[FFmpeg-devel] Reintroducing FFmpeg to Debian

Reimar Döffinger Reimar.Doeffinger at gmx.de
Mon Aug 11 20:40:28 CEST 2014


Apologies for not being able to resist answering even if it is getting

On Sun, Aug 10, 2014 at 05:43:33PM -0400, Theodore Ts'o wrote:
> On Sun, Aug 10, 2014 at 12:25:33AM -0700, Andrew Kelley wrote:
> > 
> > High quality libraries must iterate on their API. Especially for a library
> > trying to solve such a complex problem as audio and video encoding and
> > decoding for every codec and format. It is unreasonable to expect no
> > incompatible changes. Also both ffmpeg and libav codebases have a lot of
> > legacy cruft. Libav is making a more concentrated effort at improving this,
> > and the evolving API is a side-effect of that.
> I beg to differ.  My definition of a "high quality library" is one
> where careful design is taken into account when designing the
> ABI/API's in the first place, and which if absolutely necessary, uses
> ELF symbol versioning to maintain ABI compatibility.
> There are plenty of "high quality libraries" (glibc, libext2fs, etc.)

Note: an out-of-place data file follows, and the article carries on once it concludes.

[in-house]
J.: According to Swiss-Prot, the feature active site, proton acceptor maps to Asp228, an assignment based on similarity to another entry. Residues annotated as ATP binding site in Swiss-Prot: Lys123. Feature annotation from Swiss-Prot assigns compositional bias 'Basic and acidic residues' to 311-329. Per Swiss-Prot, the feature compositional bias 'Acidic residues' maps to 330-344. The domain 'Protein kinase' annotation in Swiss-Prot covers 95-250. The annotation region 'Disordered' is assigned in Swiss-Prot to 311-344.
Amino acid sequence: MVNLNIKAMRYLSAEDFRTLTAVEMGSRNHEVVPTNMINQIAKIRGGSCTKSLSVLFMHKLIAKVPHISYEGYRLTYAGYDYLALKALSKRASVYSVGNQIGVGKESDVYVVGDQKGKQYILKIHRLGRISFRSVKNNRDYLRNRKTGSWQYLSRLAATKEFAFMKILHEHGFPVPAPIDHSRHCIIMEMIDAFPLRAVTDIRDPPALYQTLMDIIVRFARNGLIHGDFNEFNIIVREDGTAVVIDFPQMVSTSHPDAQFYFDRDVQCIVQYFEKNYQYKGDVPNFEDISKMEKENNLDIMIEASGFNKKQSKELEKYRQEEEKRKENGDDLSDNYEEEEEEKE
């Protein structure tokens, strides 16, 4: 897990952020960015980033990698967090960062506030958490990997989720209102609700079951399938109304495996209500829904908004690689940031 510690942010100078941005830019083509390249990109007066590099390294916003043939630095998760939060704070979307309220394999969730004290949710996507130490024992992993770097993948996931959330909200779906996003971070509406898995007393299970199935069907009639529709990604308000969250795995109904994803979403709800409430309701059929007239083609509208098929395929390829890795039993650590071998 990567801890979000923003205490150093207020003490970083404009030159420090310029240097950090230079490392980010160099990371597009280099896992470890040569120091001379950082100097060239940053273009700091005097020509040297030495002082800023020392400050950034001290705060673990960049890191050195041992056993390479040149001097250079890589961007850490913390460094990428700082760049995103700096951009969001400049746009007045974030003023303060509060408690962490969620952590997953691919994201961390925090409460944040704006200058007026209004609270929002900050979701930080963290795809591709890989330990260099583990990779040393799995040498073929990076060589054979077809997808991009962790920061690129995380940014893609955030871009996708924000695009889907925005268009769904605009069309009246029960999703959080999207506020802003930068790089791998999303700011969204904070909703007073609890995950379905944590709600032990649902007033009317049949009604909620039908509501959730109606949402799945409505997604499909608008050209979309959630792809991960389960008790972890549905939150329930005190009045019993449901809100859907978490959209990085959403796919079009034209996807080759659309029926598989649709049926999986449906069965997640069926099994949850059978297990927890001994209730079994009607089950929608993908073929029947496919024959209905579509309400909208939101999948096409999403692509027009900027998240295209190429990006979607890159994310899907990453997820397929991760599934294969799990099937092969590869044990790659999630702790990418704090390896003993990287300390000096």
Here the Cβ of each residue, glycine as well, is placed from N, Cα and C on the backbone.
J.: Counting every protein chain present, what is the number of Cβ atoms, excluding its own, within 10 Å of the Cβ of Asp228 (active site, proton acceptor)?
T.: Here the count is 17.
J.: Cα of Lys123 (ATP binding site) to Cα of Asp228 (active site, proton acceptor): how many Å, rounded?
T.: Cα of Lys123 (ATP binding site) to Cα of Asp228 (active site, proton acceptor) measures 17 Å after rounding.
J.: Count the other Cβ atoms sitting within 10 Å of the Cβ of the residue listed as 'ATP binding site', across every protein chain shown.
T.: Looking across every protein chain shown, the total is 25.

> where we've been able to maintain full ABI compatibility even while
> adding new features --- including in the case of libext2fs, migrating
> from 32-bit to 64-bit block numbers.  And if you're careful in your
> design and implementation, the amount of cruft required can be kept to
> a very low minimum.

While you certainly have a point that we have a lot to learn and improve,
your comparison is not entirely fair, for reasons like

a) glibc, libext2fs are much older projects, we still have to
pay for old sins, from times where everyone was happy when
their video played at all on Linux and nobody complained about
ABI compatibility. Not to mention few of us having much experience
in software development.

b) A good number of our users are on Windows, which makes symbol
versioning a very undesirable solution. Sometimes that means alternative
solutions which are messier or more likely to break compatibility by

c) For libext2fs your users won't claim a file system is ext2, when it
is actually btrfs and still expect your ext2 library to work with it!
That is very much the standard in multimedia ("everything is .avi",
"I don't care what format it is, I just want it to play", ...).
Nor do you have competing ext2 implementations adding completely
mis-designed extensions to it, with everyone expecting you to support it, that
definitely makes API design a _lot_ more challenging.

d) At least in the case of glibc that backwards-compatibility is not at
all free to its current users. _IO_stdin_used is a prime example of that,
anyone playing with methods to reduce binary size/strip symbols will stumble
over that and curse very loudly at some point.
I certainly would have preferred it to not be ABI compatible in that


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